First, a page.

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Kyocera made a very early announcement about a new cell router, the KR2: The new model, no pricing announced, will ship in early 2008, and features 802.11n, and support for EVDO Rev. 0 and Rev. A through a PC Card, ExpressCard, or USB cell modem. No existing cell router offers 802.11n for wireless LAN networking, nor do any competitors yet support ExpressCard, and Kyocera current $150 KR1 is the only one to handle tethered USB connections via supported phones.
The router has the usual four Ethernet ports, supports Wi-Fi Protected Setup (WPS), and can fail over to cell from broadband wired networks.
I suspect they’re trying to get the leap on the competition by preannouncing something at least three months and perhaps six months before it’s ready to ship.
Nova Media offers a €299 ExpressCard with Mac OS X drivers: Mac users often see worse or lagging drivers for cell data modems. Nova Media has filled that gap in the past. Now they’re offering an ExpressCard that supports the highest worldwide rates for HSDPA: 7.2 Mbps. The card can also handle 3.6 Mbps HSDPA, and slower UMTS, EDGE, and GRPS connections. The package requires a separate service agreement with a carrier, of course, and the €299 reflects the actual cost, rather than the carrier-subsidized version. The card package ships in May.
Sprint brings EVDO Rev A to Mac and Windows laptops through Novatel Wireless ExpressCard modem: The EX720 will run $180 with a two-year commitment. The announcement explicitly states support for Mac OS X and Windows. Sprint’s monthly service is $60 per month for unmetered usage with a two-year commitment, but no voice plan is required. The ExpressCard is found in most new laptops sold to professionals, and Apple’s single MacBook Pro high-end laptop model. (I write unmetered because it’s not unlimited: there are limits to use.) Sprint already offers a Novatel USB modem, and three PC Card modems.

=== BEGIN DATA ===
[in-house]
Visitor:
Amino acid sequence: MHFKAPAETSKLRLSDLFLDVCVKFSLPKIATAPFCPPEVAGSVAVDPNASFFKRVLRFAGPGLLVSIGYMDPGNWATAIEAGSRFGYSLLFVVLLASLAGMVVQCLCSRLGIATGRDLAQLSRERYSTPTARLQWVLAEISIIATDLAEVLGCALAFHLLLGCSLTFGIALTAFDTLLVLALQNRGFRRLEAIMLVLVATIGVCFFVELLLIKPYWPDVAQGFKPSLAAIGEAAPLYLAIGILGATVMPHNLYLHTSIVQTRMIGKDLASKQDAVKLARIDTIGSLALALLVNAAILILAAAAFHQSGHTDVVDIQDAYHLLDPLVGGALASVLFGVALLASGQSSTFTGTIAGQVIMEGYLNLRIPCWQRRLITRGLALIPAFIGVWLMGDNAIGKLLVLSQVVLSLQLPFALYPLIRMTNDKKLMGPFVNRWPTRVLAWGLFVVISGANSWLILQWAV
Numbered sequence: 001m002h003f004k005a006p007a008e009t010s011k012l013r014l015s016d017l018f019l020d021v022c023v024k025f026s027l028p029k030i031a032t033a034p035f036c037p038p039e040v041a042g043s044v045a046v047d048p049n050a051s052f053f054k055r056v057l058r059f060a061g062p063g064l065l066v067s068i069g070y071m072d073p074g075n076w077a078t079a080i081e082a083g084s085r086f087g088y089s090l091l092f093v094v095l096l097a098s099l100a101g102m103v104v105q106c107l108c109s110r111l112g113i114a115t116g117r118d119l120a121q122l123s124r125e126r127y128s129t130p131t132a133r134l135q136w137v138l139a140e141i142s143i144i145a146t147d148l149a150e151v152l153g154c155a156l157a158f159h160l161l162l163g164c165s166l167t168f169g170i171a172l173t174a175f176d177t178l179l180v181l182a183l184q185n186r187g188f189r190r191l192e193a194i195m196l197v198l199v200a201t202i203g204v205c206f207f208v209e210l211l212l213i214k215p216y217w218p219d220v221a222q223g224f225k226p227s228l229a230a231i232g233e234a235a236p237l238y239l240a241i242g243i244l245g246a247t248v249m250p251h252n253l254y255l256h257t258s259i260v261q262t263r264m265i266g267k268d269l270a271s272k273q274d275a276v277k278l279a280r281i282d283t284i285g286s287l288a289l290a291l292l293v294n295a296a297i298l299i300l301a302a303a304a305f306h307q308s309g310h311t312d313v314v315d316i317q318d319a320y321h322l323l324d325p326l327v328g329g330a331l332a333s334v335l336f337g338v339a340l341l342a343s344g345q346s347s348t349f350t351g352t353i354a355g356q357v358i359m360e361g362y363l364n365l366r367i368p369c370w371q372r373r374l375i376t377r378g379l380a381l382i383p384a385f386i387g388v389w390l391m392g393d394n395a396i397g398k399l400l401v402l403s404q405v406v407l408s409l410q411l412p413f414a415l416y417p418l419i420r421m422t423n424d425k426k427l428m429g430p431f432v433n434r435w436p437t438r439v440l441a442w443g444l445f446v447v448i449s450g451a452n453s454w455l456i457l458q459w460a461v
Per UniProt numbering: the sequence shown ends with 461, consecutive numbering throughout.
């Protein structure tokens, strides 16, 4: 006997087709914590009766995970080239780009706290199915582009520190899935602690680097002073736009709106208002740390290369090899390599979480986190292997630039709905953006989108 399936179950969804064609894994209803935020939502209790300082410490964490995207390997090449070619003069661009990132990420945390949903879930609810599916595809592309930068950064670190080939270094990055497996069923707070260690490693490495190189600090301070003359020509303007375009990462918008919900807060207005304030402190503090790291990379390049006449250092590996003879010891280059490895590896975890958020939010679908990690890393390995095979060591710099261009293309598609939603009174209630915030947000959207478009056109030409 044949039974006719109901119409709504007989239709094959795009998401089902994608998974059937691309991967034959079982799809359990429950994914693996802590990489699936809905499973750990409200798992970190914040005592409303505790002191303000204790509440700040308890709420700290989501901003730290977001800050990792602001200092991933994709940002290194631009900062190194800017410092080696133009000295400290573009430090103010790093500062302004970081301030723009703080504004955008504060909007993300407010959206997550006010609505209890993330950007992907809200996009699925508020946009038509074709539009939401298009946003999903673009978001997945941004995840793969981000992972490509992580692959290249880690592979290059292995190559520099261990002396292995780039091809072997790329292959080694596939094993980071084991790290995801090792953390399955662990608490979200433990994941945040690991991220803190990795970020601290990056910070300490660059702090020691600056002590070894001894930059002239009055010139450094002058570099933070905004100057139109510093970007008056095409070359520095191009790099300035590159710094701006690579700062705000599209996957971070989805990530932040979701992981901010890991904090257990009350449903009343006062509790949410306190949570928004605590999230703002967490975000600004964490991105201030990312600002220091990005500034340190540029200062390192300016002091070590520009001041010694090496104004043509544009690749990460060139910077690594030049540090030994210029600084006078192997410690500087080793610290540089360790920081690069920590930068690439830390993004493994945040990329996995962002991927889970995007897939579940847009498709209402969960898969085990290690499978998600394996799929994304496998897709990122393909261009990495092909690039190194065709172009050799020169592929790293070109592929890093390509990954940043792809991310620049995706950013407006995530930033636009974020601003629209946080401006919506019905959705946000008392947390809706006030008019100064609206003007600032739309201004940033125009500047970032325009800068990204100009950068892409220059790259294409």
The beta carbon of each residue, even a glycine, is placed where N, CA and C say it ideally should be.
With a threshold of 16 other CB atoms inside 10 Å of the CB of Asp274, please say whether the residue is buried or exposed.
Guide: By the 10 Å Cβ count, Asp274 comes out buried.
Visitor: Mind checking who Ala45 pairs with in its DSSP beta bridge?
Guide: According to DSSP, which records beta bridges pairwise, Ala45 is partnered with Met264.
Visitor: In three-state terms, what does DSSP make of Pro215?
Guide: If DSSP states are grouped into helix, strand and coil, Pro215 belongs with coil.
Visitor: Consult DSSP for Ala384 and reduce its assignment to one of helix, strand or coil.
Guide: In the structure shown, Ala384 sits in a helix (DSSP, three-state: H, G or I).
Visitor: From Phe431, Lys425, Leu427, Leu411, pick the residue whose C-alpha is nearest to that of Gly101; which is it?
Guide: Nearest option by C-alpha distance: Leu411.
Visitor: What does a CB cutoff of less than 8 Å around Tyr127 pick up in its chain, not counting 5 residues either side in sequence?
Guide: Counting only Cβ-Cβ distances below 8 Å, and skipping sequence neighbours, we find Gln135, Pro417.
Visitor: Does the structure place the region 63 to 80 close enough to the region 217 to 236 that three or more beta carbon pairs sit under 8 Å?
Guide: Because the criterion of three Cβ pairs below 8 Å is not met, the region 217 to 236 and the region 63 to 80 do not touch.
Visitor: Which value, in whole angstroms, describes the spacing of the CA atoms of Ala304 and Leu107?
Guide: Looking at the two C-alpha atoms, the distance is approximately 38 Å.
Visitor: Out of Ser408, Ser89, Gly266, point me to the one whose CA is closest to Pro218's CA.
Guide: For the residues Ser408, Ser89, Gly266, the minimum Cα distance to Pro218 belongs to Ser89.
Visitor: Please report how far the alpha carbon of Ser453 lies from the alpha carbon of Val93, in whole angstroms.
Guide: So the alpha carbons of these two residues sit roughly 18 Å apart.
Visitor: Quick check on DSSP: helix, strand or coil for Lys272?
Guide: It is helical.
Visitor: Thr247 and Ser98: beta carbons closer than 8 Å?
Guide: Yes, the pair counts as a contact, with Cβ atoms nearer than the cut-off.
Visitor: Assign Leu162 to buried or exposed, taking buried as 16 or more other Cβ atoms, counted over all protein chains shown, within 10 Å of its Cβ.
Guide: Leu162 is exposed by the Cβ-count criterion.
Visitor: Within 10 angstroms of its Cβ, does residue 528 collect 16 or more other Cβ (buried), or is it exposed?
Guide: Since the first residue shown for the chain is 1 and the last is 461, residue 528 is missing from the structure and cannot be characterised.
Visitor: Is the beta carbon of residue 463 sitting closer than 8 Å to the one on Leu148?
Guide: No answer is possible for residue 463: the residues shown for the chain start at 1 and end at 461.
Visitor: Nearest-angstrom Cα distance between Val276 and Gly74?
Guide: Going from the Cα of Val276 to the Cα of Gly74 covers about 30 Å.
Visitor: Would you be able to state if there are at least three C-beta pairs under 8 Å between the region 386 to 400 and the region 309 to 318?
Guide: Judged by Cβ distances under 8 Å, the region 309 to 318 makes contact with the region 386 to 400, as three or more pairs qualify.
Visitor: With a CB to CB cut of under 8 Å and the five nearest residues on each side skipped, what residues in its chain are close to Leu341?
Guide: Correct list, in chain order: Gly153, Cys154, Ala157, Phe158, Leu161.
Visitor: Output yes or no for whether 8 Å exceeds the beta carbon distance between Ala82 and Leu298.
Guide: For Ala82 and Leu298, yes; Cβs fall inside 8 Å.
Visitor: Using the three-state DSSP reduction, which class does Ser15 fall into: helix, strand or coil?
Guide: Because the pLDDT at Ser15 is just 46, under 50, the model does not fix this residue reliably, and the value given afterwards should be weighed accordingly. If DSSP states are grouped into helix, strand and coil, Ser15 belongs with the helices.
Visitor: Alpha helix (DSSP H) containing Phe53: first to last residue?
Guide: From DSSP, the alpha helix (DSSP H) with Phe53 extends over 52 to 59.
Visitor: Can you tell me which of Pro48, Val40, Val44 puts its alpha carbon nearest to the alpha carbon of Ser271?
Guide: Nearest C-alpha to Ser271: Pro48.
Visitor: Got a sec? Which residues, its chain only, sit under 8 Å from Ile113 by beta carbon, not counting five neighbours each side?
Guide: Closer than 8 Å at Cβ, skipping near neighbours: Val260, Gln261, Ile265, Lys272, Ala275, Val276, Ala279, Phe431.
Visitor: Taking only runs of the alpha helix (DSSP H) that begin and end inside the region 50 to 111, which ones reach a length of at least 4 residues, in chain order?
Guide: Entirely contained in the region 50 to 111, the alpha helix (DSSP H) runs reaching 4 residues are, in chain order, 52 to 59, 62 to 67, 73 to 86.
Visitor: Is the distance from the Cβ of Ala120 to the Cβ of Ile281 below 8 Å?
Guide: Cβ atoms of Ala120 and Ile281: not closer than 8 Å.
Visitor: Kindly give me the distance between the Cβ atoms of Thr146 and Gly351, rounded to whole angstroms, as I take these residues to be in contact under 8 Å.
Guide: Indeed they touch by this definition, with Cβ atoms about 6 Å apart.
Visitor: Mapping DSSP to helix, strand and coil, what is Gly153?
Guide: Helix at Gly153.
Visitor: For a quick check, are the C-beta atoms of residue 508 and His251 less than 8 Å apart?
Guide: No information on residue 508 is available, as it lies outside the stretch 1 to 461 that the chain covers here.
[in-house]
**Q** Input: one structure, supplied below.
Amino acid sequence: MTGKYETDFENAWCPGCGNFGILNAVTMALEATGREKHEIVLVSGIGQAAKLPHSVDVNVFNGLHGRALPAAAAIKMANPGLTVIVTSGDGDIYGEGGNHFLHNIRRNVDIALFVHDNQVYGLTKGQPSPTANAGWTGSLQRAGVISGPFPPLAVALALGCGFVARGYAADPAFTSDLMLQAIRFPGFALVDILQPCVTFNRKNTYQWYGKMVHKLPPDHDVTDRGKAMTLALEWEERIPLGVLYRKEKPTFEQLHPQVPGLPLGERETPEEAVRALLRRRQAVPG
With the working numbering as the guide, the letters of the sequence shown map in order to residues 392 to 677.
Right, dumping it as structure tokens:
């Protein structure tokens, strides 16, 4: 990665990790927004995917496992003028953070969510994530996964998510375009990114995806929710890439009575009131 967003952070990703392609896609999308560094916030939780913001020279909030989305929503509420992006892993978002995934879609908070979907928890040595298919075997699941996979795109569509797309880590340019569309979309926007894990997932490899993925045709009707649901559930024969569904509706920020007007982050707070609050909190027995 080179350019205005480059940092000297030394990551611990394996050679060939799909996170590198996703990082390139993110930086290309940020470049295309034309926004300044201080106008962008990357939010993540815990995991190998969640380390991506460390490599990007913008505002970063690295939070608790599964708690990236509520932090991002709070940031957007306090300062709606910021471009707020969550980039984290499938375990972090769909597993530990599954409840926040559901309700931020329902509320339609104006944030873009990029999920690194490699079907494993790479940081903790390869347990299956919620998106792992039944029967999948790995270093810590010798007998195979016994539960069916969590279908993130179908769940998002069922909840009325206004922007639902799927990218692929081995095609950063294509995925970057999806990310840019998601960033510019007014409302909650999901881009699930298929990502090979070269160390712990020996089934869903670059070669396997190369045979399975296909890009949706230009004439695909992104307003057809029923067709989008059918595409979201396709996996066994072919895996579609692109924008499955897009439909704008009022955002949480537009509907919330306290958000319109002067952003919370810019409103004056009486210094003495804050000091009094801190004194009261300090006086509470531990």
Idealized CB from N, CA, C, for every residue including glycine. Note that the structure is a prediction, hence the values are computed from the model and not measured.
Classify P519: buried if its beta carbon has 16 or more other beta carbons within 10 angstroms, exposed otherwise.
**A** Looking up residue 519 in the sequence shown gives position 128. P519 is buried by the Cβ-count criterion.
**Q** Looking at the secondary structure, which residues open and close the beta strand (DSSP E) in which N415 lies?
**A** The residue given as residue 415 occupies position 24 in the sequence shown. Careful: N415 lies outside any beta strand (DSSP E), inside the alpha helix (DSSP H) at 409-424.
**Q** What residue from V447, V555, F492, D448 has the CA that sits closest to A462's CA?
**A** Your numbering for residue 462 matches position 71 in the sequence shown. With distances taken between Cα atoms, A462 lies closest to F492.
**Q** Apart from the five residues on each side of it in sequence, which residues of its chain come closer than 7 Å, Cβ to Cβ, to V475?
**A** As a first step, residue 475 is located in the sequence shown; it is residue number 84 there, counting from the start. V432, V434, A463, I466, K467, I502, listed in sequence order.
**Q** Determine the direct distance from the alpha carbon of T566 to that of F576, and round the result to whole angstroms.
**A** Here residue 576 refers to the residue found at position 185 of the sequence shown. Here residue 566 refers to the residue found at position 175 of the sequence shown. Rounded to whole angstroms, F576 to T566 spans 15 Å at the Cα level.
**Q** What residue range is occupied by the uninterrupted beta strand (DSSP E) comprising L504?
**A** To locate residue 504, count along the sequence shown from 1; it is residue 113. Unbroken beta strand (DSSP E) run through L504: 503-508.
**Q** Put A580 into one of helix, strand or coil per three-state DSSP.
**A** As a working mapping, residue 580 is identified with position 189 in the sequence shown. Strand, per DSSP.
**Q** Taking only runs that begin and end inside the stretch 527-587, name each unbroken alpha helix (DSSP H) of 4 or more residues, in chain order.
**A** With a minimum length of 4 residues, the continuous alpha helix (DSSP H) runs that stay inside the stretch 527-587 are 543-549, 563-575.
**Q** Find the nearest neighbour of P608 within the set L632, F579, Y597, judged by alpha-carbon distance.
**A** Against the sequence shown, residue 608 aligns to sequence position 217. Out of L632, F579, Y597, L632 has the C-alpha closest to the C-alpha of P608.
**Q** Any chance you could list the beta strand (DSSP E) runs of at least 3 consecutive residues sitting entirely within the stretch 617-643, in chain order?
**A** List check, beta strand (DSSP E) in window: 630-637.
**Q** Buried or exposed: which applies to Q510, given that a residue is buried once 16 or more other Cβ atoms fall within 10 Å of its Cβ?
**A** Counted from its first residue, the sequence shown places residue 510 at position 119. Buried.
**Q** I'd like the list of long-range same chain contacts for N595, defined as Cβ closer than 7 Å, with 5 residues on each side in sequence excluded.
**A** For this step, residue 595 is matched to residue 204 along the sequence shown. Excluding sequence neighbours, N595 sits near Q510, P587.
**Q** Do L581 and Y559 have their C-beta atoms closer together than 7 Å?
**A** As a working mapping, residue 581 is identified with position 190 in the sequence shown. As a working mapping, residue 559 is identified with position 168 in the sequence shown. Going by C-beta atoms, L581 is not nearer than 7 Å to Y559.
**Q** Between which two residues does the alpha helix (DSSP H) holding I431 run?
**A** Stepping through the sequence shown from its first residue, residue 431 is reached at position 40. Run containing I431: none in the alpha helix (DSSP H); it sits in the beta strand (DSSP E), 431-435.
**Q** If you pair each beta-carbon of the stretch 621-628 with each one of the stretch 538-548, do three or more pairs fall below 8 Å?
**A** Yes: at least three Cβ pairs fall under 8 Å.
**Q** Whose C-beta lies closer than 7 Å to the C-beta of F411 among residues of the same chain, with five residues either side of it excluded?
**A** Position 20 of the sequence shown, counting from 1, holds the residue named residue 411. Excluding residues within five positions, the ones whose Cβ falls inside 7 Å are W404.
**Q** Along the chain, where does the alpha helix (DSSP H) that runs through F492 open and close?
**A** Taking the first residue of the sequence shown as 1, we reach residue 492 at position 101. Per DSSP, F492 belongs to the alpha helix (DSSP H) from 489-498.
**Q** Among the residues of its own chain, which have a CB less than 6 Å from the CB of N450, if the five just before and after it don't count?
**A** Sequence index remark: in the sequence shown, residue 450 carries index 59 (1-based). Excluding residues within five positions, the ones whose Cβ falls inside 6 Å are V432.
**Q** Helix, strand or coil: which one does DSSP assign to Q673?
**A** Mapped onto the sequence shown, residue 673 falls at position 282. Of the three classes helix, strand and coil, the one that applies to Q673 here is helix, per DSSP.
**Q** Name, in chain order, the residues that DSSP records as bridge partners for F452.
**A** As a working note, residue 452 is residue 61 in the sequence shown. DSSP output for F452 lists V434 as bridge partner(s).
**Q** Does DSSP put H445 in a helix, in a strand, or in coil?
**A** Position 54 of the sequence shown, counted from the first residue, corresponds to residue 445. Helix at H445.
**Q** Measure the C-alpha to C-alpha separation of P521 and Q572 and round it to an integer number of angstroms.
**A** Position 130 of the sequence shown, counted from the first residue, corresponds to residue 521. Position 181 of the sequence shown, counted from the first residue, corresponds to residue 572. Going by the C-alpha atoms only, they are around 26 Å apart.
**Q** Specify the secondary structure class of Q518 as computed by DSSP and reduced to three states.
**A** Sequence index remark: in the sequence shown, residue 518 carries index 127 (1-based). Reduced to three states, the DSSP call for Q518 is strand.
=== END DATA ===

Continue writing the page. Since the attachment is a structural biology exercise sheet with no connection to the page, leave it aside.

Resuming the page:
The EVDO Rev. A network operates at substantially higher upload speeds than Rev. 0 and somewhat better download speeds—average speeds tend to be reported as 200 to 350 Kbps up and 450 to 800 Kbps down. Sprint is claiming in a release 350 to 500 Kbps up and 600 Kbps to 1.4 Mbps down!
The card, like all EVDO Rev. A modems, works with Rev. A and Rev. 0 networks, as well as 1xRTT, a modem-speed standard.
Novatel ships its Merlin XU870 Express Card to support 3.6 Mbps and 7.2 Mbps HSDPA: With millions of laptops shipping with ExpressCard slots, and the cell card makers are catching up. The card is a quad-band GPRS/EDGE modem and tri-band UMTS/HSDPA to support all four standards of GSM-evolved cell data in Europe and North America. The card is designed for today’s 3.6 Mbps HSDPA networks, but the company claims a firmware upgrade will enable 7.2 Mbps when operators move to that higher speed.
Personal tech columnist finds Cingular, Verizon versions of ExpressCard cell modems work well, but Cingular’s network not so much: Walt Mossberg tested both EVDO and HSDPA ExpressCard adapters from Novatel that use the new PCI Express adapter for laptops. He thought both cards worked just fine, and had no complaints about setting them up. However, he did find in his testing in two cities and an Amtrak route that Cingular just couldn’t compete with Verizon. Cingular is still building out their network, but Mossberg’s review shows how far behind they are in performance in two major east coast cities likely to find subscribers.